And why would the accounting department or HR consult with IT before purchasing accounting or sales or HR software? My fiancee is a school registrar. She understands the software she uses very well and is an expert within the limited domain of school registration and billing software. Why would she call their school's IT contracted company to consult before picking out a hypothetical new replacement piece of software to do her job.
Fucking developers, I swear. The fact you even know what Linux is makes you such an outlier and you don't even know it. Technology benefits more than just companies that "make great visual effects"
Fucking IT, I swear. The fact that you know how to manage a server, fix a RAID or setup a router doesn't make you an expert on ever fucking aspect of technology in the universe. I'm incredibly technologically proficient but there is no reason my fiancee would consult with me on what software to use to do her job. Ideally she would design her own software, in the real world she would find a developer and have them make software that meets her needs but most likely she'll just have to shop on the market for a commercial product already available. None of those scenarios though need any input from IT.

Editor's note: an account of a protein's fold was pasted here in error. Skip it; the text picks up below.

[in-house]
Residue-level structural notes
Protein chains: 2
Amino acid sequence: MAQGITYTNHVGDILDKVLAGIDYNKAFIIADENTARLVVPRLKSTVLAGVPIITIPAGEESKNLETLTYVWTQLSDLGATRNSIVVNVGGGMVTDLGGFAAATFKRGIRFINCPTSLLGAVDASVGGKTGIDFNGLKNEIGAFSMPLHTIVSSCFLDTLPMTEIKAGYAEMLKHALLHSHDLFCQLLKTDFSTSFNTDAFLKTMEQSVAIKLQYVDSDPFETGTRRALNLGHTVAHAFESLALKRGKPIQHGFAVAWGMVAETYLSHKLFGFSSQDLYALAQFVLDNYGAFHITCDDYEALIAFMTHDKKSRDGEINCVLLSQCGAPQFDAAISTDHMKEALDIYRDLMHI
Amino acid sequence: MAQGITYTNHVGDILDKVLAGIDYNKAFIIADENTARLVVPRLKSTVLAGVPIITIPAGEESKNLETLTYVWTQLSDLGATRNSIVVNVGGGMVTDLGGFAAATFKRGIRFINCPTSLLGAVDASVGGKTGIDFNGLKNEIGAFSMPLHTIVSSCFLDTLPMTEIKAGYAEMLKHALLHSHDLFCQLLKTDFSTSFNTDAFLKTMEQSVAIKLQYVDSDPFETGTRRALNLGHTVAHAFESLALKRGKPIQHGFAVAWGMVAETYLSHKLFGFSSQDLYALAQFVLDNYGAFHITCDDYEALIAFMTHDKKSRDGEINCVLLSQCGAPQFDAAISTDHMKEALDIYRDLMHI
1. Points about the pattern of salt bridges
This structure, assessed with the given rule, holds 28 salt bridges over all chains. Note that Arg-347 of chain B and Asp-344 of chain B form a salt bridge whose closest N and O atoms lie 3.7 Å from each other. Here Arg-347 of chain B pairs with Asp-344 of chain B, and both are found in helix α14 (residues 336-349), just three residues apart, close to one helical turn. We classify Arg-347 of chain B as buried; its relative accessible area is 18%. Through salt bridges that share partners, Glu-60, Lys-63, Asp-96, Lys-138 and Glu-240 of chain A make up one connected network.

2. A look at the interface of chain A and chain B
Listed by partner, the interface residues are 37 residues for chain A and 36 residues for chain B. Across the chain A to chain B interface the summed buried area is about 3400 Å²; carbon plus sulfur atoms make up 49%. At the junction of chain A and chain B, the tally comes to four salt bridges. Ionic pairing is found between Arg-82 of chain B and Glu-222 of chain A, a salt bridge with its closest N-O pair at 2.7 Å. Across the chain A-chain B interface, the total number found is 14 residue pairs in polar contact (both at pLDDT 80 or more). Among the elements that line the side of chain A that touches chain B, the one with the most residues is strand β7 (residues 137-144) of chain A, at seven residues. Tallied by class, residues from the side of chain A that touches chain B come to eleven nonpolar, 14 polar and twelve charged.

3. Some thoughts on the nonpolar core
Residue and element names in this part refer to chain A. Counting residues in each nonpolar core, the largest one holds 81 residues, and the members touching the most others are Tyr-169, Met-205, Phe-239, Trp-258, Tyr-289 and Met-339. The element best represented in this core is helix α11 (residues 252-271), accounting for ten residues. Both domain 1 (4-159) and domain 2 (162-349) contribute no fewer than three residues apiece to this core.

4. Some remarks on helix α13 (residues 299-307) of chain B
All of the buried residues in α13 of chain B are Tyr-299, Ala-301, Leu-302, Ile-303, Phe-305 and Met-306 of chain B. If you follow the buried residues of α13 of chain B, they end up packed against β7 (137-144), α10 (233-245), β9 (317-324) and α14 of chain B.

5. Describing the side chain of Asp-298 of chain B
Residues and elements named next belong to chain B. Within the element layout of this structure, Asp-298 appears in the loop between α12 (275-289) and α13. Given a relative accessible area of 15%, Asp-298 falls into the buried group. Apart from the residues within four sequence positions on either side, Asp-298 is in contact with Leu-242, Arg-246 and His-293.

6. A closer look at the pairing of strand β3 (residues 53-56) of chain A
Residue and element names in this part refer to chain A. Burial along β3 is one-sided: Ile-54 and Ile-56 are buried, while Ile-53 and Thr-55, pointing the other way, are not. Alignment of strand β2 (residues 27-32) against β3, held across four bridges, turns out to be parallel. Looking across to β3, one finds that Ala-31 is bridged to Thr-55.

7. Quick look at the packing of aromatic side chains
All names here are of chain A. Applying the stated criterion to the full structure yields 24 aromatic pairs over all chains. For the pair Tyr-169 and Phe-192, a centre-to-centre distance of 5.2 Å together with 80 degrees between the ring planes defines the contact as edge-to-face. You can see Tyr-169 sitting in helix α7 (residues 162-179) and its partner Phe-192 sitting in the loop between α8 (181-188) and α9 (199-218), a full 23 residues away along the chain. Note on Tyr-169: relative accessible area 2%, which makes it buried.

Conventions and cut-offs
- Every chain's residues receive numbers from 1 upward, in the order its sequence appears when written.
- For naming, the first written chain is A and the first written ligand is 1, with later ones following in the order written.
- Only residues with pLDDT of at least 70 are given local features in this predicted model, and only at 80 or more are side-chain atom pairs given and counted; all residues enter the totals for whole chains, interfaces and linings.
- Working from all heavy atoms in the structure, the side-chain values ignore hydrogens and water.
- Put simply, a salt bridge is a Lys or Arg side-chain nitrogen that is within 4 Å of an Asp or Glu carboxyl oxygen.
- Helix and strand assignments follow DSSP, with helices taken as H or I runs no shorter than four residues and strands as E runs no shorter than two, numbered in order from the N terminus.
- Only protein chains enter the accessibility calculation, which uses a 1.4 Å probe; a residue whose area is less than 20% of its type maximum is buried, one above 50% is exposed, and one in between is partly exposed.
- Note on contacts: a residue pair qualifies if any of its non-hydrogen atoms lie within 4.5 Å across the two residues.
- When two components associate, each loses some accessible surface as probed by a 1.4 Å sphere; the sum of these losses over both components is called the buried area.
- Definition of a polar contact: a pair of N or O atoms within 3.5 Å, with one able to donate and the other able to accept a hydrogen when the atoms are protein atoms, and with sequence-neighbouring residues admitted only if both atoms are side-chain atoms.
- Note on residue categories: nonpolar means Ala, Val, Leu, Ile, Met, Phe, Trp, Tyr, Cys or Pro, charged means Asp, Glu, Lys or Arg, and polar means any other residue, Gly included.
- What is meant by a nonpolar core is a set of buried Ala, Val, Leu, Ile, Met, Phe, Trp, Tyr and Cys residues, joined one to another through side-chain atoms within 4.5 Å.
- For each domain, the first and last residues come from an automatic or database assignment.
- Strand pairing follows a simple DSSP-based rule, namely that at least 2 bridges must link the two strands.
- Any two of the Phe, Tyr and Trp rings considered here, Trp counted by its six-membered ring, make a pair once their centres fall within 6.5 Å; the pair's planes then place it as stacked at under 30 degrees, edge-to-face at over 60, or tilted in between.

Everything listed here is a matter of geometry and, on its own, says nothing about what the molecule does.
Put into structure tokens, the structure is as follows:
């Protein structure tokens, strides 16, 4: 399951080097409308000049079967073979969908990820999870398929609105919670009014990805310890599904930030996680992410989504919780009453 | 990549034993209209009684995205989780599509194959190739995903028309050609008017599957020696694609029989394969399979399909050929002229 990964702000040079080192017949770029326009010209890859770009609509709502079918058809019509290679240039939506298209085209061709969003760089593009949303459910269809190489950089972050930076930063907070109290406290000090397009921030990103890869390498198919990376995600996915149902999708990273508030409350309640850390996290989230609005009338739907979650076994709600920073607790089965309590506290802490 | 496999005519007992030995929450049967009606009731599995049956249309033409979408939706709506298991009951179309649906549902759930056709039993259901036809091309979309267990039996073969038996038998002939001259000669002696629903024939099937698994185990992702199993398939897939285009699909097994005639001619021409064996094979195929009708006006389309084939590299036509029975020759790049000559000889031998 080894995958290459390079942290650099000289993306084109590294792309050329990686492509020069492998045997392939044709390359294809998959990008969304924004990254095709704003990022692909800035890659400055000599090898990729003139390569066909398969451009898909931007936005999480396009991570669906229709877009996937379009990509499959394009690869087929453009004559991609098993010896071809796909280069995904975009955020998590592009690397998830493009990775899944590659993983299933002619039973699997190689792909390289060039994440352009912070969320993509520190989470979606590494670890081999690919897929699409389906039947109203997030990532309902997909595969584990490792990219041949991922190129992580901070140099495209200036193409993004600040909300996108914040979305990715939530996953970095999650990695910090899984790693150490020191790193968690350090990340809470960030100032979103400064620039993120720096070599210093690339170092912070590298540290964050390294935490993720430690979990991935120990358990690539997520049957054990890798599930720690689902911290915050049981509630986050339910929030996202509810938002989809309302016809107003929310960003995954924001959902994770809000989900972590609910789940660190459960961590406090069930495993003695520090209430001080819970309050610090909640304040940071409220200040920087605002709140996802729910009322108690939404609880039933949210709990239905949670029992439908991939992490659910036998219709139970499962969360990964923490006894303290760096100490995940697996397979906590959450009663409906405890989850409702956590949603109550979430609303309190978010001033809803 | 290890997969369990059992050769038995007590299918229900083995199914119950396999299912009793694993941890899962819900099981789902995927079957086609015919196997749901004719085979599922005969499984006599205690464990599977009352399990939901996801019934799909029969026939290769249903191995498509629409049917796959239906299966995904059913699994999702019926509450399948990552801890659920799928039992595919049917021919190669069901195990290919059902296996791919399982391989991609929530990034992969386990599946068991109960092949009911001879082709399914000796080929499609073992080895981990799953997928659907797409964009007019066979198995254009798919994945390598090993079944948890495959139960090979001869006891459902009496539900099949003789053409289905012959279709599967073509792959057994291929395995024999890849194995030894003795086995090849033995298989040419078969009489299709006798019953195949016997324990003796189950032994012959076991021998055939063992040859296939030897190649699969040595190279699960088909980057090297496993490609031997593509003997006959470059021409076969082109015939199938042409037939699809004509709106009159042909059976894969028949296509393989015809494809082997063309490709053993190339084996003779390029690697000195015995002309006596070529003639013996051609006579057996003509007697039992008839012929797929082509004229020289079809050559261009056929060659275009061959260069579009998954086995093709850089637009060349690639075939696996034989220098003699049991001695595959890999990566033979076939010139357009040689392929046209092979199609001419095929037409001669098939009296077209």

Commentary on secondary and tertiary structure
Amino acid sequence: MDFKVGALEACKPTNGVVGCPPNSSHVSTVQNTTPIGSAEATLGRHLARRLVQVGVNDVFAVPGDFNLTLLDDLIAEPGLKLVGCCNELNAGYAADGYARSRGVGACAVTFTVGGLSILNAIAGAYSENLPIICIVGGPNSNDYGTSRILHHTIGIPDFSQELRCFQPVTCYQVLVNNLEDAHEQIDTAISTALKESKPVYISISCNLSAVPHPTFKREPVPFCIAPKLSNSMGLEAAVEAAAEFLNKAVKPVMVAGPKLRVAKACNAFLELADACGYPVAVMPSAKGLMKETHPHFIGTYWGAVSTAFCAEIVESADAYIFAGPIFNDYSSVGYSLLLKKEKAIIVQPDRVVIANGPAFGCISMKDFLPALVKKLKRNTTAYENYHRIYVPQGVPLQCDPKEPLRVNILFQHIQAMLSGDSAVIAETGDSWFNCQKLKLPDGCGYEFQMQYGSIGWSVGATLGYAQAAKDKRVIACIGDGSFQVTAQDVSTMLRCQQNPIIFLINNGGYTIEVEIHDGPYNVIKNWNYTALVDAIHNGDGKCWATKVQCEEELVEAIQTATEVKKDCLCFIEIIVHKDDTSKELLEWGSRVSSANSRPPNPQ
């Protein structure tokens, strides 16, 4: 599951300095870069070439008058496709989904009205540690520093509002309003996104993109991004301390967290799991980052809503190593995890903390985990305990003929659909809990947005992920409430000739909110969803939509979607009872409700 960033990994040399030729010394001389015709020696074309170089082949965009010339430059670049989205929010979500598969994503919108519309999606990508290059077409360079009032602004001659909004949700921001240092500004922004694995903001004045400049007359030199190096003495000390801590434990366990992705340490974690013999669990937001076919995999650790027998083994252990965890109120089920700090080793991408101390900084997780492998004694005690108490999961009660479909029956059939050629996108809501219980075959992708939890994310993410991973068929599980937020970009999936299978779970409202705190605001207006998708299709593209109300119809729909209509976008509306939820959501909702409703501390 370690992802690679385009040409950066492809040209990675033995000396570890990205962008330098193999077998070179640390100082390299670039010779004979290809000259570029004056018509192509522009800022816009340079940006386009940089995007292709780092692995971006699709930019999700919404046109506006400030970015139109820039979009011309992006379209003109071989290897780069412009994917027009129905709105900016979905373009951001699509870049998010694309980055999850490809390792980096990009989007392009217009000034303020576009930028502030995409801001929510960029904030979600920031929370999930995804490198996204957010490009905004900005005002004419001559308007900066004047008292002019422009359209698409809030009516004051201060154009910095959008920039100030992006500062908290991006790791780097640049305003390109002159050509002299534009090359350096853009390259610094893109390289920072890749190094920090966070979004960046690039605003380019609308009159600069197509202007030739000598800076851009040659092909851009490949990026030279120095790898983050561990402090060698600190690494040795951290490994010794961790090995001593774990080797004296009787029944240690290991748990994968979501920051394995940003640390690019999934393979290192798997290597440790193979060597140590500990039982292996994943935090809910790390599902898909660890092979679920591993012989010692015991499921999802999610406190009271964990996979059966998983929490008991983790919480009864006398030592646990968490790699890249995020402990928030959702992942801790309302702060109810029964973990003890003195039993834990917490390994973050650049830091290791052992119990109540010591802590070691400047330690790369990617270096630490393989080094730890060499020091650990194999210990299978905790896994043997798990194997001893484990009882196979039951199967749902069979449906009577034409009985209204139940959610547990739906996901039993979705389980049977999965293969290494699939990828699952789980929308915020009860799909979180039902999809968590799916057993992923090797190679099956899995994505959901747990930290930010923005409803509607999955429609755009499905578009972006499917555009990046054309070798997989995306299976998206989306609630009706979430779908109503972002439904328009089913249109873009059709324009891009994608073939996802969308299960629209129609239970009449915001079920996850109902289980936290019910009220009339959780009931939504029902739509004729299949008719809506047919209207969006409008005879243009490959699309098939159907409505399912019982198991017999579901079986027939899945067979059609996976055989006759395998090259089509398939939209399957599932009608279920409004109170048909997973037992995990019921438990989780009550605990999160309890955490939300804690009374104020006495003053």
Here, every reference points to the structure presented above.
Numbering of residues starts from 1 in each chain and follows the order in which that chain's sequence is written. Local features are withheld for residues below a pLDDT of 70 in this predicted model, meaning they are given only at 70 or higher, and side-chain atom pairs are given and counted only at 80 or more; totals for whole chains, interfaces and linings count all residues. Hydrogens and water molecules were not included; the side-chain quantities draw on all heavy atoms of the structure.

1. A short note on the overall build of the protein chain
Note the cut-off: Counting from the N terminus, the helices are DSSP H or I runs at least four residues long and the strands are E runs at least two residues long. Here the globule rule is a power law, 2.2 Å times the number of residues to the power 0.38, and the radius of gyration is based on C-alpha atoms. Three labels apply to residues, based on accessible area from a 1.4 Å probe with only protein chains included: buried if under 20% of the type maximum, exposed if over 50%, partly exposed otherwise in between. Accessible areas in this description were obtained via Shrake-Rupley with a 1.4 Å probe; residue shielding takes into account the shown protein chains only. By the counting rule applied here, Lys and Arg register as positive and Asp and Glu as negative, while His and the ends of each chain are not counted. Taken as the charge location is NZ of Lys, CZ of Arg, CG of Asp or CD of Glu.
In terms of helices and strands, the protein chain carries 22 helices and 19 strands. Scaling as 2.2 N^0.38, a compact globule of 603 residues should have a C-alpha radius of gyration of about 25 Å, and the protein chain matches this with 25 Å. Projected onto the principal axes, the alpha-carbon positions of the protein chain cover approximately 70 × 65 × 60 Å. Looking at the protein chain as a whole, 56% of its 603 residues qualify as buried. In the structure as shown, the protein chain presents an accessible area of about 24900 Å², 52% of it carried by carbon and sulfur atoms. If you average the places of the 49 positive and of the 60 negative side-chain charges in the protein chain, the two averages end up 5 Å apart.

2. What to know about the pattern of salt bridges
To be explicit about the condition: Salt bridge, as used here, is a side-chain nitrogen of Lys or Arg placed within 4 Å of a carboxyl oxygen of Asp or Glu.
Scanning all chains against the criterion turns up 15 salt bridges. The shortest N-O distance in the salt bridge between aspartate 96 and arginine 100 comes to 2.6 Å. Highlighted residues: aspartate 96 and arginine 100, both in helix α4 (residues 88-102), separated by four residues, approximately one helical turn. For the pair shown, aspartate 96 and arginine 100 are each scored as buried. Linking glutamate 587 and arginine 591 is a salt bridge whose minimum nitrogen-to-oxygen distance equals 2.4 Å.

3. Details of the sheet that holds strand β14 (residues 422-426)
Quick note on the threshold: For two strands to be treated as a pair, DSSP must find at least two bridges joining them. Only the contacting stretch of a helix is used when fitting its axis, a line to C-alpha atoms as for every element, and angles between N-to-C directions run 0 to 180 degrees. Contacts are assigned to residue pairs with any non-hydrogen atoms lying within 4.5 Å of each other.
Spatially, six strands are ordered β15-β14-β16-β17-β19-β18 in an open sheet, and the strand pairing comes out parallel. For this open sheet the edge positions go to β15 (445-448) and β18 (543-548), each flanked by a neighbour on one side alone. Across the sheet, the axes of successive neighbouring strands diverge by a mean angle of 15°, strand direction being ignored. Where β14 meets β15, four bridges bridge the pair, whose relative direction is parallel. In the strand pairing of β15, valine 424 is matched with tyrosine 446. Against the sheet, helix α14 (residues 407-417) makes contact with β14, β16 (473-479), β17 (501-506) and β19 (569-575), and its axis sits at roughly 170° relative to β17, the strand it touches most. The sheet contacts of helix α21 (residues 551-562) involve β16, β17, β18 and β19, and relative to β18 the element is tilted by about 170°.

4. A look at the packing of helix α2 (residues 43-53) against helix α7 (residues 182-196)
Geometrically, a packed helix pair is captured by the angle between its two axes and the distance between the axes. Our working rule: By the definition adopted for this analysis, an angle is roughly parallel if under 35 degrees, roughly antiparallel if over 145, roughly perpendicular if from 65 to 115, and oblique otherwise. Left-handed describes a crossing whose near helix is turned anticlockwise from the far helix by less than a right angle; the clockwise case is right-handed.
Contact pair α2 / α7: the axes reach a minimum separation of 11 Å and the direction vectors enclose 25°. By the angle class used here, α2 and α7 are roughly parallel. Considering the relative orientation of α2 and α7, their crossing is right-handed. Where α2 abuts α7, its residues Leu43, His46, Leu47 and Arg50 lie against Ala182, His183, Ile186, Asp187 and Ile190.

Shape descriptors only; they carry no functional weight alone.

From what the article says, the CEO wasn't trying to get out of paying anything to the workers. The company was asking to be allowed to pay installments so they could avoid bankruptcy.
Let me translate that: the company was nearly broke and the employees were given the opportunity to become *investors* and potentially get their money in an installment plan assuming the company didn't go bankrupt before the installment plan was complete for presumably little to no return or take their owed severance.
I can't believe that employees who were fired might not choose to invest in their former employer who just fired them... especially when they were fired because the business was already going down.